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Salman Khan: I would make a good director

Last updated on: December 28, 2010 15:44 IST

Salman Khan: Looking beyond the myth

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Raja Sen in Mumbai

Salman Khan tells Rediff.com's Raja Sen about his ability to sniff out a hit film while it's still being made, how his painting is a big jhol, and much more.

Haven't read the first part? Please click here!

Legend -- and relatively credible word -- has it that Salman Khan was utterly shattered when Shah Rukh Khan finagled Will Smith from Sallu's guest-list (when the Hollywood actor arrived in Mumbai in February 2006), only to throw a party for him at his own bungalow.

Salman cut a melancholy picture at his own Smith-less party.

Smith, reportedly, looked somewhat bored at SRK's party, where Salman wasn't invited. Undeterred, Salman turned up in a motorbike, yanked Will unceremoniously, casually and instantly from the party, and before anyone could react, took him to his own. If fellow guests are to be trusted, Smith got wonderfully jiggy at the new venue.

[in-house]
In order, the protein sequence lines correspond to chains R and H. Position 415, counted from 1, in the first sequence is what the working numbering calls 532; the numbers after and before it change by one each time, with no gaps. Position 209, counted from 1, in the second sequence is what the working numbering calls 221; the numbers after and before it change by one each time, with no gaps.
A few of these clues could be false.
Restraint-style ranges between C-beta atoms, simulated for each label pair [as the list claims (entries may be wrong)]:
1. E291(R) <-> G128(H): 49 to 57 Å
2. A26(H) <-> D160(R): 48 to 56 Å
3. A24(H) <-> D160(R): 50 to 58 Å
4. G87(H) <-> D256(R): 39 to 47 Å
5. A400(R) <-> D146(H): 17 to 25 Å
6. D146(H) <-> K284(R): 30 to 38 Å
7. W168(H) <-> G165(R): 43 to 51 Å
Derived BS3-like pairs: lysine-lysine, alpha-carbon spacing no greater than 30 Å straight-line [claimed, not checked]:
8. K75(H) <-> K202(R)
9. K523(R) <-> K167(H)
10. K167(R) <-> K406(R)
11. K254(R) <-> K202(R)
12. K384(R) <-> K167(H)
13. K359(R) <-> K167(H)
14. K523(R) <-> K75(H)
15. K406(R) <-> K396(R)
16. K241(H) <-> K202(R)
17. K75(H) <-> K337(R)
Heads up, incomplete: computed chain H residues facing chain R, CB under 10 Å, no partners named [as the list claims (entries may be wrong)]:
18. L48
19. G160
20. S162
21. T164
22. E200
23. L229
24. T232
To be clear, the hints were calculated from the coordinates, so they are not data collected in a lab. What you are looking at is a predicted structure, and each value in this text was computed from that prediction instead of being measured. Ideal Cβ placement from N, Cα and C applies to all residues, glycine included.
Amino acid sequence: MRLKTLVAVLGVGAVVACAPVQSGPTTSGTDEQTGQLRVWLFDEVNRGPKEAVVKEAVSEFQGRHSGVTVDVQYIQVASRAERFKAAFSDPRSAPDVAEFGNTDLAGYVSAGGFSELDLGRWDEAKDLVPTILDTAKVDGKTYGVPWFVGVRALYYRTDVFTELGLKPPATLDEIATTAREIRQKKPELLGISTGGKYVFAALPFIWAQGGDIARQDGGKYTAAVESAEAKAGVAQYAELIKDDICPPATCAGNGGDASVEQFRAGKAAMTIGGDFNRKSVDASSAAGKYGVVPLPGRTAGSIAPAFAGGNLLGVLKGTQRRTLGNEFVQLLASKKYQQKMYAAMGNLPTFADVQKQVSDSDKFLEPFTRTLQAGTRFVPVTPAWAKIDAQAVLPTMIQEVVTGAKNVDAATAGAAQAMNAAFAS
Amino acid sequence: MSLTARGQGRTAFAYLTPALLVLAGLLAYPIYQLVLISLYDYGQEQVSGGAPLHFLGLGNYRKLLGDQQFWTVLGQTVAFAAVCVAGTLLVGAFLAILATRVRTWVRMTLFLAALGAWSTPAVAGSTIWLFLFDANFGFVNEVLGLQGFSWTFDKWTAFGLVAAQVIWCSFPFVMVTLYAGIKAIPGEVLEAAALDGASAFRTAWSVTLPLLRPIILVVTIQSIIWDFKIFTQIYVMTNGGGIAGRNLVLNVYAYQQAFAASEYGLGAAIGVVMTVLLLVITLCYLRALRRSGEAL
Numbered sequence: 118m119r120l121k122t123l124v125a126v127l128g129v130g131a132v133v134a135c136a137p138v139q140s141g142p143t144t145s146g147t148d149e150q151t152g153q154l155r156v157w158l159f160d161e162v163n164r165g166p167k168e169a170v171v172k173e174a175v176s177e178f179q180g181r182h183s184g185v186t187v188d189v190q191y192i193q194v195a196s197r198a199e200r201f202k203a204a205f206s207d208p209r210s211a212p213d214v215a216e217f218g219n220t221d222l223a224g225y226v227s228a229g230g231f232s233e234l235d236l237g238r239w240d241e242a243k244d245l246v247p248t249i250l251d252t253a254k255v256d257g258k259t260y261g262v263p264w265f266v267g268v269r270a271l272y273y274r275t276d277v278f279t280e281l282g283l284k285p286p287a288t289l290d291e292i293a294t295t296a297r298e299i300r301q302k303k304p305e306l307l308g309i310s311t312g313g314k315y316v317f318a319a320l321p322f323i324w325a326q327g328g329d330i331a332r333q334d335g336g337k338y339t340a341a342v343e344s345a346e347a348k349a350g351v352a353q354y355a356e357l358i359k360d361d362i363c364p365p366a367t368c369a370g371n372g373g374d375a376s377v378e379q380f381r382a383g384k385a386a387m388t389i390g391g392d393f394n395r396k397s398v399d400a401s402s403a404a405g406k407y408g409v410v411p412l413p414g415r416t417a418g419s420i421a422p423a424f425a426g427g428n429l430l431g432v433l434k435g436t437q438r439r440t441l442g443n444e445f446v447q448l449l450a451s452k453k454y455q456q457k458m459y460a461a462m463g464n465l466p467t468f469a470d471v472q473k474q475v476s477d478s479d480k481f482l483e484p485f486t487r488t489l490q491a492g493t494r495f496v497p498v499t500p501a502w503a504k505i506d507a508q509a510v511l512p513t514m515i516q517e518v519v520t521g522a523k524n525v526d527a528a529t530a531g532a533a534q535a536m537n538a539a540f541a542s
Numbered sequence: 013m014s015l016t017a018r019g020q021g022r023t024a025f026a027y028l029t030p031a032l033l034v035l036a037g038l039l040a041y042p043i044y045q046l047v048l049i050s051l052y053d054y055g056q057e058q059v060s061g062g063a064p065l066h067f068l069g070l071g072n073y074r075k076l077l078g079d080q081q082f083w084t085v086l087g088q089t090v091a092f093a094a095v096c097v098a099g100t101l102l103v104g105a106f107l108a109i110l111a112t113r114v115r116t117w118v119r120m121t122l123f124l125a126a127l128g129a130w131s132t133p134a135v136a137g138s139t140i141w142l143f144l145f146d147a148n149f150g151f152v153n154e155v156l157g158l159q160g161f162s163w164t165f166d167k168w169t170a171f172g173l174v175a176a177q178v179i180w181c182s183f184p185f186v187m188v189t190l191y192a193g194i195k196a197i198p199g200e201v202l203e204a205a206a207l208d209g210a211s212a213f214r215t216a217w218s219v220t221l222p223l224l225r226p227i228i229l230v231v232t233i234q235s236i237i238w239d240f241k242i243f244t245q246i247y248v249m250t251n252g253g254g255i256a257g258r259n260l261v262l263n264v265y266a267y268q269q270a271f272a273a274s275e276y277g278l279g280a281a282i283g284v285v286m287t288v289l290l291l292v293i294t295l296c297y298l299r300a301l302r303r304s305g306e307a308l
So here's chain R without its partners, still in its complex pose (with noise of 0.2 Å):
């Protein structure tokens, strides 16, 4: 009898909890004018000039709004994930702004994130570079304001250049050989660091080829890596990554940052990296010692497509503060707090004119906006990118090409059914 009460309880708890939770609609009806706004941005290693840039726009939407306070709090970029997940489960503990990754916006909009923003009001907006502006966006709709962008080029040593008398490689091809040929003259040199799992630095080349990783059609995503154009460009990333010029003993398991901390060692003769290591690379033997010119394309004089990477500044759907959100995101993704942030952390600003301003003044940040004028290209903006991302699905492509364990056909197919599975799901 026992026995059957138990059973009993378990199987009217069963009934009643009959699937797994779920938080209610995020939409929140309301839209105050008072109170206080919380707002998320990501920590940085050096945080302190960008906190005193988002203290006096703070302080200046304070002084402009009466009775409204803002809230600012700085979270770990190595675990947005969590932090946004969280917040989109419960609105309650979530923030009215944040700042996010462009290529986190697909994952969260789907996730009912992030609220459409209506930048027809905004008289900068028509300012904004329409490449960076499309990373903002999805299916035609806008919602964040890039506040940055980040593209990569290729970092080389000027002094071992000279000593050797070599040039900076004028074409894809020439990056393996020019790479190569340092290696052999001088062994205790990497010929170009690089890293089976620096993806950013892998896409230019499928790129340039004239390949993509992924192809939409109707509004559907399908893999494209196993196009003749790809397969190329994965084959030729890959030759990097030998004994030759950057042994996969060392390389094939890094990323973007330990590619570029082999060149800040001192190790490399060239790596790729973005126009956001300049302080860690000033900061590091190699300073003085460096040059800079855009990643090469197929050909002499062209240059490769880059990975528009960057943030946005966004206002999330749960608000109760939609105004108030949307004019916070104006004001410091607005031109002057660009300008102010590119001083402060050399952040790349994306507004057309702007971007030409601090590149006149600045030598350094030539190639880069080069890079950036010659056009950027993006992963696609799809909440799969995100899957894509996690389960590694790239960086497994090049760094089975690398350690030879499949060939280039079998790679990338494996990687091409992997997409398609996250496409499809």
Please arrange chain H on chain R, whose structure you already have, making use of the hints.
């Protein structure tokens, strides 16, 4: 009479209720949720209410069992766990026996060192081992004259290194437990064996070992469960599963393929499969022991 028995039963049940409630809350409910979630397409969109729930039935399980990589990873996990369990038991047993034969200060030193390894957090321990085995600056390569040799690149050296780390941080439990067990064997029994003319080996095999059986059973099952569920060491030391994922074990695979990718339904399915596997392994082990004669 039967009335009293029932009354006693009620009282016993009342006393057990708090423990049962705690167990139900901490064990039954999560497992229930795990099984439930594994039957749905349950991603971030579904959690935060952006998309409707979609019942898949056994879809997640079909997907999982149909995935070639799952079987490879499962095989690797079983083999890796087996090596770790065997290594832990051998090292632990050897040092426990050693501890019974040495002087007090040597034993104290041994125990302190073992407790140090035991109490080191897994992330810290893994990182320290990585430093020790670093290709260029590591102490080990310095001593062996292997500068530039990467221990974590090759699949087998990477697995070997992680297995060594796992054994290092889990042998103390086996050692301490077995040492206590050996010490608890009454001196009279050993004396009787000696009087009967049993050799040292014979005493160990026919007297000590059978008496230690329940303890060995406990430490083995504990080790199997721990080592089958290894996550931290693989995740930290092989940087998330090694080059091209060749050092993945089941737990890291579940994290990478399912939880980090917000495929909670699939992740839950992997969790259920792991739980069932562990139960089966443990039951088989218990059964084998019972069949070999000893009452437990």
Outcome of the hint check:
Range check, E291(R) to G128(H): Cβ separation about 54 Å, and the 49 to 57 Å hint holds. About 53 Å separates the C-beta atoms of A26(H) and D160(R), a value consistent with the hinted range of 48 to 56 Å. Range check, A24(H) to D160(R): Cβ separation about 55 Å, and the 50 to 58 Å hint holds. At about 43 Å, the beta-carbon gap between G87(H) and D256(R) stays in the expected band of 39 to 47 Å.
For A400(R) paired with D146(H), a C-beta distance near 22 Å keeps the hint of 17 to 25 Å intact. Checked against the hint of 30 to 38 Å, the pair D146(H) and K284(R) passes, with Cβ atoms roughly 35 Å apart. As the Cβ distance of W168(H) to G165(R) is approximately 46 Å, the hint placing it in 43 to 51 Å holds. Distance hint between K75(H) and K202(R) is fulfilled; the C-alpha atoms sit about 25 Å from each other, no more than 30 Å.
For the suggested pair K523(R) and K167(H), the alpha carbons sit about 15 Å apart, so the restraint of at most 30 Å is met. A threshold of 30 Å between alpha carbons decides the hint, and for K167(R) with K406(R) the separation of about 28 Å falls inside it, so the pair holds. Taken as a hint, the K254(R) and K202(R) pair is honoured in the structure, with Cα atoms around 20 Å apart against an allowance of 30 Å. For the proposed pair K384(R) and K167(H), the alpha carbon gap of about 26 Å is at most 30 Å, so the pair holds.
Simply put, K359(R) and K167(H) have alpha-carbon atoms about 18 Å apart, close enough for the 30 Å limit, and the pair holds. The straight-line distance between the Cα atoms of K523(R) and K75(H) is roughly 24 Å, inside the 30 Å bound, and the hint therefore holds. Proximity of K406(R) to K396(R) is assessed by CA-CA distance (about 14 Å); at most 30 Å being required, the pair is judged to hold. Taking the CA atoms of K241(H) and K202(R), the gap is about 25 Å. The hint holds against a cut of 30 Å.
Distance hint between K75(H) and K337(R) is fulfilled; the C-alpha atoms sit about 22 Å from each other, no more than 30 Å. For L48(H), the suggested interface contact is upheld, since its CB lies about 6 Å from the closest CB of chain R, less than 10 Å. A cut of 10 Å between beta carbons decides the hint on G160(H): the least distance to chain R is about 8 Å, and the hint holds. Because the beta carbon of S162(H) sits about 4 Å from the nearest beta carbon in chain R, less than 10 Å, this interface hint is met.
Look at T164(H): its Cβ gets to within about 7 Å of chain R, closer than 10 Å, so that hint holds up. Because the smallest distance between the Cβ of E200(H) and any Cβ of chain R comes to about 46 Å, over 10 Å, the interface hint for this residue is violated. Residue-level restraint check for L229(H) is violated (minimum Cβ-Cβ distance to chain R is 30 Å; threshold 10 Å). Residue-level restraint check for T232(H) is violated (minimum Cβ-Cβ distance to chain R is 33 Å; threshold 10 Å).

Image: Salman Khan
Photographs: Vijay Mathur/ Reuters
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Salman: The Man-child

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It isn't a very hard story to believe, Khan's off-screen persona being that of an old-school superstar, the picture of defiance, the ultimate rebel without a cause.

Depending on who you believe, he thrashes actors in bars and sends over expensive watches in morning-after apology.

He's also quite the philanthropist, and judging from how he got all of Bollywood's A-list heroines to shake their collective caboose for his Being Human charity earlier this year, he's doing quite the bang-up job.

There are whispers about his constantly roving eye, and an almost mob-like entourage, which gets him anything he points to.